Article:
The front row of the grid for Heat One, decided on practice times, gave an indication of what might happen, for alongside the V8 Lola 70 cars of Surtees and Hobbs and the works V8 McLaren-Elva was the little Brabham-Climax driven so ably by Denis Hulme, other faster and more powerful cars being behind, either due to practice troubles or not being driven fast enough. Heat One began at 12 noon in a crescendo of sound and clouds of smoke as a vast amount of horsepower was unleashed, and Surtees leapt into the lead, followed by McLaren, Clark, Hobbs and Hulme, the little Brabham almost keeping up with the bigger cars, and obviously out-distancing the rest of the field. Just before the start the works Cobra coupe of Sears had brake trouble and he had to join in on the back of the grid and do a lap or two without brakes and then stop at the pits and have them sorted out. In the last-minute panic he had been push-started and was penalised two laps, which put him right out of the running, but nonetheless he pressed on when the brakes were fixed and four times established a new GT lap record.
In just one hour of racing, the big names had all fallen by the wayside, Surtees having led until his Lola felt funny on the steering, McLaren then leading until the oil seal between the fluid-housing and the torque-converter housing of his Ferguson transmission started to leak, and then Clark took over the lead until a locking-nut on a rear wishbone shook loose and allowed the rear wheels to steer as well as the front ones, which made him stop at the pits to investigate. This left Hobbs in the lead with the remaining Lola 70, as Dibley had literally fallen by the wayside with a collapsed rear suspension, but the Harold Young Ltd. car had to stop for fuel and later for water, which set it back, with the result that Hulme took the lead and romped home the winner of Heat One. It was a very deserved win as the Sydney Taylor Racing prepared Brabham had run fast and faultlessly. The team was obviously in full command of the situation all the time and displayed an air of quiet confidence. They reaped the reward of smooth, efficient, consistent running, and no small factor was Huhne’s fast and tidy driving. Piper lost a certain third place due to having to stop for fuel, for Coundky caught and passed him, having begun to get the hang of his new McLaren-Elva. For an hour and a half Amon had clung on to Piper’s Ferrari, even though the little Elva-B.M.W. 2-litre was not handling too well and the throttle was sticking open, but finally a head-gasket leaked water and the car stopped with overheating.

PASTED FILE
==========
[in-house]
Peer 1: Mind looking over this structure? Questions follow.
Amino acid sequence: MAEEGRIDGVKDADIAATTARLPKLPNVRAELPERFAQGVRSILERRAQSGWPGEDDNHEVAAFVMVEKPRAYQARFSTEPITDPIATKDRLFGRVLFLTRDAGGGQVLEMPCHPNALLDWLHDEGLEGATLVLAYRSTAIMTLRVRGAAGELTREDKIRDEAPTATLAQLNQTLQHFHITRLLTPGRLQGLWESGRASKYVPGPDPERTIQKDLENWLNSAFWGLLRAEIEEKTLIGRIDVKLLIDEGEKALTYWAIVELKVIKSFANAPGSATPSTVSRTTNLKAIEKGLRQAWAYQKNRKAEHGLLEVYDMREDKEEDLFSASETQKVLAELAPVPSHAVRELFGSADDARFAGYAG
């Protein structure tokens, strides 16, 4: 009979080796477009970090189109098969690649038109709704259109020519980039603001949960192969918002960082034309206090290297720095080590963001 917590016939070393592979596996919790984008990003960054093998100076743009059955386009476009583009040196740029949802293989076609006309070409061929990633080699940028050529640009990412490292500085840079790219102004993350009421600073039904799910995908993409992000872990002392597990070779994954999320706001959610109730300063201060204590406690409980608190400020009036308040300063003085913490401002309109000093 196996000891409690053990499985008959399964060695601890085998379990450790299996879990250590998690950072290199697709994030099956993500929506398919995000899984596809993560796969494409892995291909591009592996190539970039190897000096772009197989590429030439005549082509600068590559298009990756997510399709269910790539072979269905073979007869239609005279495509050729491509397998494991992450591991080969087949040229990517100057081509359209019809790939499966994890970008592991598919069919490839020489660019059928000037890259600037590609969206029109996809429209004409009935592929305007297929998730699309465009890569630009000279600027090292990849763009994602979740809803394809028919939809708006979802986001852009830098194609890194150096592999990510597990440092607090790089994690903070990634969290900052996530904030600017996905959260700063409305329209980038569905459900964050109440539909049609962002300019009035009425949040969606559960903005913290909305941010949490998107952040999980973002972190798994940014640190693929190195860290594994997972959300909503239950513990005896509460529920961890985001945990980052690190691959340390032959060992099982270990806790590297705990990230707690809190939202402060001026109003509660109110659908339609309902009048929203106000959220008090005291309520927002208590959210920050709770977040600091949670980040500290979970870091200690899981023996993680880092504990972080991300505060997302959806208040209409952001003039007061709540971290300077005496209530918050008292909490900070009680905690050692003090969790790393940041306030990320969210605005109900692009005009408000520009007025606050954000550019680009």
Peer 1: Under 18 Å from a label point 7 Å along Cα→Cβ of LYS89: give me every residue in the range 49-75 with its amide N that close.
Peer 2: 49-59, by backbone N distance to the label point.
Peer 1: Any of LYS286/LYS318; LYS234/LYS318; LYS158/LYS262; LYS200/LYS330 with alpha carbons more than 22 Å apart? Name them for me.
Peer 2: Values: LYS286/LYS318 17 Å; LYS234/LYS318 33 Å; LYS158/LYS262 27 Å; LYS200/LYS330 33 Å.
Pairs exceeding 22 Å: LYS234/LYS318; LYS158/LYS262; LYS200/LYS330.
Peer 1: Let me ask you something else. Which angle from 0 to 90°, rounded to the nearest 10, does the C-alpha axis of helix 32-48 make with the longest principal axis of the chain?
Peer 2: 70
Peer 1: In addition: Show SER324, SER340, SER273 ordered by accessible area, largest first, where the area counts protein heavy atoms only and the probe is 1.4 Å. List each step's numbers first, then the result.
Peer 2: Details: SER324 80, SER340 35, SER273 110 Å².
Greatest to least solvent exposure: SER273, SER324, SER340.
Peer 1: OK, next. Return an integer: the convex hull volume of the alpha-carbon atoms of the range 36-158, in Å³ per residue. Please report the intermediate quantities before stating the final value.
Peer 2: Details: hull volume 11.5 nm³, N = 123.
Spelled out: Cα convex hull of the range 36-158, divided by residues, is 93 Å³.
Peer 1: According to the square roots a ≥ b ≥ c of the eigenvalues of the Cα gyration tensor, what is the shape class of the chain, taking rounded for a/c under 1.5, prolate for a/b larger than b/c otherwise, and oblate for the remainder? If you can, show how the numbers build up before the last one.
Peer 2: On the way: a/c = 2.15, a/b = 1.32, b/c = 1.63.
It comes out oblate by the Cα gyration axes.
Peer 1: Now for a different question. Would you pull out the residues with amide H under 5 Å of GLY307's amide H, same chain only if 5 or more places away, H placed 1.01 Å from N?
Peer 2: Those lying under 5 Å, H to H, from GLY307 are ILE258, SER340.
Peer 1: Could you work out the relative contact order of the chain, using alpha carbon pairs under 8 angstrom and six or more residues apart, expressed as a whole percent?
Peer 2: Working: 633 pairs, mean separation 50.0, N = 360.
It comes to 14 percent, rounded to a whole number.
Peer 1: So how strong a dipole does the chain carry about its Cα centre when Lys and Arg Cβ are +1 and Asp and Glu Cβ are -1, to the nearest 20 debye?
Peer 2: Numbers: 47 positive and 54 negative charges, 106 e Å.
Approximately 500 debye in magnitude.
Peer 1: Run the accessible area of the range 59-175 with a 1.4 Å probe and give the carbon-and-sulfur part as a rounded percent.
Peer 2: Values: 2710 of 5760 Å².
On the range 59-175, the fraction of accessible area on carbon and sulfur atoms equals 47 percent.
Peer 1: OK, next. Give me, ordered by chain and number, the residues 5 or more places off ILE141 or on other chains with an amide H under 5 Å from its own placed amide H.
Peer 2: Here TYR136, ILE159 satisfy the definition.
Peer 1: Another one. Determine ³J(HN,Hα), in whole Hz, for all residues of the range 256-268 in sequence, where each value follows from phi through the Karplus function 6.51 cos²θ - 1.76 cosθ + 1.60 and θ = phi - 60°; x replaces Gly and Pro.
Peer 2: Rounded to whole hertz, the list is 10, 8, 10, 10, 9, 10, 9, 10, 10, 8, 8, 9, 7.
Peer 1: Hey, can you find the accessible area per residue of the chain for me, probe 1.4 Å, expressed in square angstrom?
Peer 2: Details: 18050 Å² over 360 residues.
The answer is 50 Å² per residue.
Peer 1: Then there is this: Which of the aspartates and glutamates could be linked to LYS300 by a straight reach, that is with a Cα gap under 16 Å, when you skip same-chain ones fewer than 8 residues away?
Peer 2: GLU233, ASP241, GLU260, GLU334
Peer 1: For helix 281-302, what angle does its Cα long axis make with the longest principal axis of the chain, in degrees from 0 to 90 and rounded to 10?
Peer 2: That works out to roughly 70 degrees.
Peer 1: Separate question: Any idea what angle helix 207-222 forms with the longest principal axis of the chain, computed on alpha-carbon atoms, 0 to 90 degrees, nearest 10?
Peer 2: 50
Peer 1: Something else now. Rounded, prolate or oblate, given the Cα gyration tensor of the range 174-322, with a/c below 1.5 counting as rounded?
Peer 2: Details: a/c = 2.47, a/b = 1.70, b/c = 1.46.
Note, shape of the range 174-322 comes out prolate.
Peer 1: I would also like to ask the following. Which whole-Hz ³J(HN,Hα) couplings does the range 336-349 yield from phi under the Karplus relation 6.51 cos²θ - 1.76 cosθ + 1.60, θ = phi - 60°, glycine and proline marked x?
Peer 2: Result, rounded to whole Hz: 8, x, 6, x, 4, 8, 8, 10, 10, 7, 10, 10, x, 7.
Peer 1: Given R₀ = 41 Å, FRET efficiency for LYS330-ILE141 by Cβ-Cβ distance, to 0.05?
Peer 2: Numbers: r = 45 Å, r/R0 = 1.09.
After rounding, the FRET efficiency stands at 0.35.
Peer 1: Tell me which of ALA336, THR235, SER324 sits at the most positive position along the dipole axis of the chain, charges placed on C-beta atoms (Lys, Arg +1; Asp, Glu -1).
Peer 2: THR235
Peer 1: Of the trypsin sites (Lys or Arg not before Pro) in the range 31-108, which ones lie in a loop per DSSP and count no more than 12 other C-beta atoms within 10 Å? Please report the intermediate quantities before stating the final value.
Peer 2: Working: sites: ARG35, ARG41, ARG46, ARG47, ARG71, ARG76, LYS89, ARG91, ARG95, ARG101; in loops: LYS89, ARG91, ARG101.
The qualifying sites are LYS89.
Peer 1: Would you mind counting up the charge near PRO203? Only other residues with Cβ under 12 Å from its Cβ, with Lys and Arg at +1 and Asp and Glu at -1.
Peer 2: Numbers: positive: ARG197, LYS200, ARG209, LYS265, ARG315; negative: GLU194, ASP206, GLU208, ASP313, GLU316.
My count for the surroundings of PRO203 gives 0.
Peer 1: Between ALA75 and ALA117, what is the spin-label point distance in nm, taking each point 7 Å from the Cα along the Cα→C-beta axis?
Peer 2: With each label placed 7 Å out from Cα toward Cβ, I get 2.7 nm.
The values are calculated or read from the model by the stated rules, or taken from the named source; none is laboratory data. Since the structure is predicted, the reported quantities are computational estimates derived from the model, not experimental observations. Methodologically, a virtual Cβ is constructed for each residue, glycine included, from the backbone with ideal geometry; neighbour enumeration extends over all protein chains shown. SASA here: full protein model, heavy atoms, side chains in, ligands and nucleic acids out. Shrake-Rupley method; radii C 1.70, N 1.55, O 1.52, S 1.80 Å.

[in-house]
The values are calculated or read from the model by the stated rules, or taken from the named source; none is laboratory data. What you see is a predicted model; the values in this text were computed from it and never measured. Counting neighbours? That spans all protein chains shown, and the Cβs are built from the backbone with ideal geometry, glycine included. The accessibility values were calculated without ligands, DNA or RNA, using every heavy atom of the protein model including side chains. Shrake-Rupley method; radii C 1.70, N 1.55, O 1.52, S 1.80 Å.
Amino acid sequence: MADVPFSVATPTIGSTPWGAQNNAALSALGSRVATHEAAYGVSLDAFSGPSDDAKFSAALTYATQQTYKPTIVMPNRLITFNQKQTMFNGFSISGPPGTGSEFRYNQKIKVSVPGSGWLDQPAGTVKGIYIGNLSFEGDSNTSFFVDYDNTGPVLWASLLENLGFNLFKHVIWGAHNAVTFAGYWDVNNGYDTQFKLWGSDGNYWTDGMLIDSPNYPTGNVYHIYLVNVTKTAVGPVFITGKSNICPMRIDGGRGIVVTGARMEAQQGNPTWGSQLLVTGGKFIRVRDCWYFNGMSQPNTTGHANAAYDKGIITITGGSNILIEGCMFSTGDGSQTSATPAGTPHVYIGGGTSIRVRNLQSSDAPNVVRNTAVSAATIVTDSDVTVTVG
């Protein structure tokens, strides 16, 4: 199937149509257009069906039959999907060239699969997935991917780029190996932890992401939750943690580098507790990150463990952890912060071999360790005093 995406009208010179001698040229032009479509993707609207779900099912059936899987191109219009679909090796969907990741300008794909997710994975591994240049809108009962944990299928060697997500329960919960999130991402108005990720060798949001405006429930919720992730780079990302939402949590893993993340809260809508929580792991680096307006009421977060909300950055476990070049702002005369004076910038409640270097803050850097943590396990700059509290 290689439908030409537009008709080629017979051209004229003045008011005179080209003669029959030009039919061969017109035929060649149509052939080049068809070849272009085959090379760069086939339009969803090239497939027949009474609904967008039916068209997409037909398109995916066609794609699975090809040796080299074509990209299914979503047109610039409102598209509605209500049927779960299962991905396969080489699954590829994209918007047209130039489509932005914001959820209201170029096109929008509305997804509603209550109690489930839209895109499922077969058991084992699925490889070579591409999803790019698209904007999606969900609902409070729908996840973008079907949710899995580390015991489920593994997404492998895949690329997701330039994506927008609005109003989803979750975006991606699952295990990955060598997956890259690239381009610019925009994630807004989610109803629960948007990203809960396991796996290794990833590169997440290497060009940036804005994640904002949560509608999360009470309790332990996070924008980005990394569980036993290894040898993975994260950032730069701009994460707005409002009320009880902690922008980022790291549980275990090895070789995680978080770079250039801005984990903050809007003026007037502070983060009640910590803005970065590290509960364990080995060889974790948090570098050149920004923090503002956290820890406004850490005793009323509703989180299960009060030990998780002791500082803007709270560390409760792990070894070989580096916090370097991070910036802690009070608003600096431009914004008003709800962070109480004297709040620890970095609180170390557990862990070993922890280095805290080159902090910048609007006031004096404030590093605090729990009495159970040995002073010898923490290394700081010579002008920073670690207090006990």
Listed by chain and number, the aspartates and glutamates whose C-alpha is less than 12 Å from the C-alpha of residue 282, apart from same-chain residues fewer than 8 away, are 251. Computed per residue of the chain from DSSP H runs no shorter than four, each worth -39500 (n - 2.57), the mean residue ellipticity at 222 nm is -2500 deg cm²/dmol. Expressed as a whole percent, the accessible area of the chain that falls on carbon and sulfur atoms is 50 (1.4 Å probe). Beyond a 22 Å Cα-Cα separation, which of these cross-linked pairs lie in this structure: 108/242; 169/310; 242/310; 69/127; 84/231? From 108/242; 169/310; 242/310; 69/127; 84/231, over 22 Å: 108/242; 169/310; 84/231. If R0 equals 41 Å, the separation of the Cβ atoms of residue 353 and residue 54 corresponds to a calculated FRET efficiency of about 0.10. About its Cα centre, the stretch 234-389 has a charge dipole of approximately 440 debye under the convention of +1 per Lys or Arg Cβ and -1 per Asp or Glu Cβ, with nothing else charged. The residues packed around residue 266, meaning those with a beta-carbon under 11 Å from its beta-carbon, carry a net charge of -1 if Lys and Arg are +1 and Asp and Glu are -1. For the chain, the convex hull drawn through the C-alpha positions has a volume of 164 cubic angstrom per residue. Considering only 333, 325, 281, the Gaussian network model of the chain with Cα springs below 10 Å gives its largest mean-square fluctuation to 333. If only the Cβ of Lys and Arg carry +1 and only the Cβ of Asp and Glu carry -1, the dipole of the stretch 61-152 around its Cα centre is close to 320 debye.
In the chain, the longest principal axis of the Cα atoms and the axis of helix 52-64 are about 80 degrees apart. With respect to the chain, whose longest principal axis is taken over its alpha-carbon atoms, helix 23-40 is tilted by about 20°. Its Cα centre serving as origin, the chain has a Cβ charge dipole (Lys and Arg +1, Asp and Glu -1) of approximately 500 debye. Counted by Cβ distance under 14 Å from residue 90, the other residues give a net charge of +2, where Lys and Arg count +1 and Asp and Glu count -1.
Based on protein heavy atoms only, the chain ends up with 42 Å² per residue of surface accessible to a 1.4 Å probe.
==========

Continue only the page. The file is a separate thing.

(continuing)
Surtees bad rejoined the race briefly, after investigating his steering problems, but retired to the pits to have the rack-andpinion assembly removed and replaced by the one from Diblcy’s car, in readiness for Heat Two. The McLaren mechanics were also hard at work in the pits, having taken the transmission off, replaced the oil seal and made up locking plates to prevent it from moving again. The works Lotus 30 suspension had been screwed up tight again and Clark had finished Heat One, though a lot of laps behind. Among the GT cars Whiunore had set the pace, throwing the big open Cobra around as if it were a Mini, cornering in full-lock.slides with smoke coming off the rear tyres. It was not surprising that he had to stop for new rear tyres and for fuel, and this together with brake trouble on Salmon’s Ferrari let Sutcliffe win the GT category, with his older G1’0 Ferrari, the tortoise-and-hare act of the sports cars being repeated among the GT cars.
During the 1½-hour interval there was a variety of work carried out at the pits, from routine changes of brake pads and tyres, to head-gaskets, dynamos, starters and so on. The Lola team got the steering off the Surtees car but then gave up and wheeled the car away, more serious problems having been discovered; the McLaren team got the torque-converter all together again, and seventeen cars were ready for Heat Two at 3.30 p.m., Piper arriving on the line almost as the flag was raised. There were some gaps in the grid, as Gardner’s Cobra coupe was still being worked on, as was Amon’s Elva-B.M.W. and Williams’ Lotus, Brabham-B.M.W., while Sparrow replaced Dangerfield on Cobra No. 26 of the Radford team.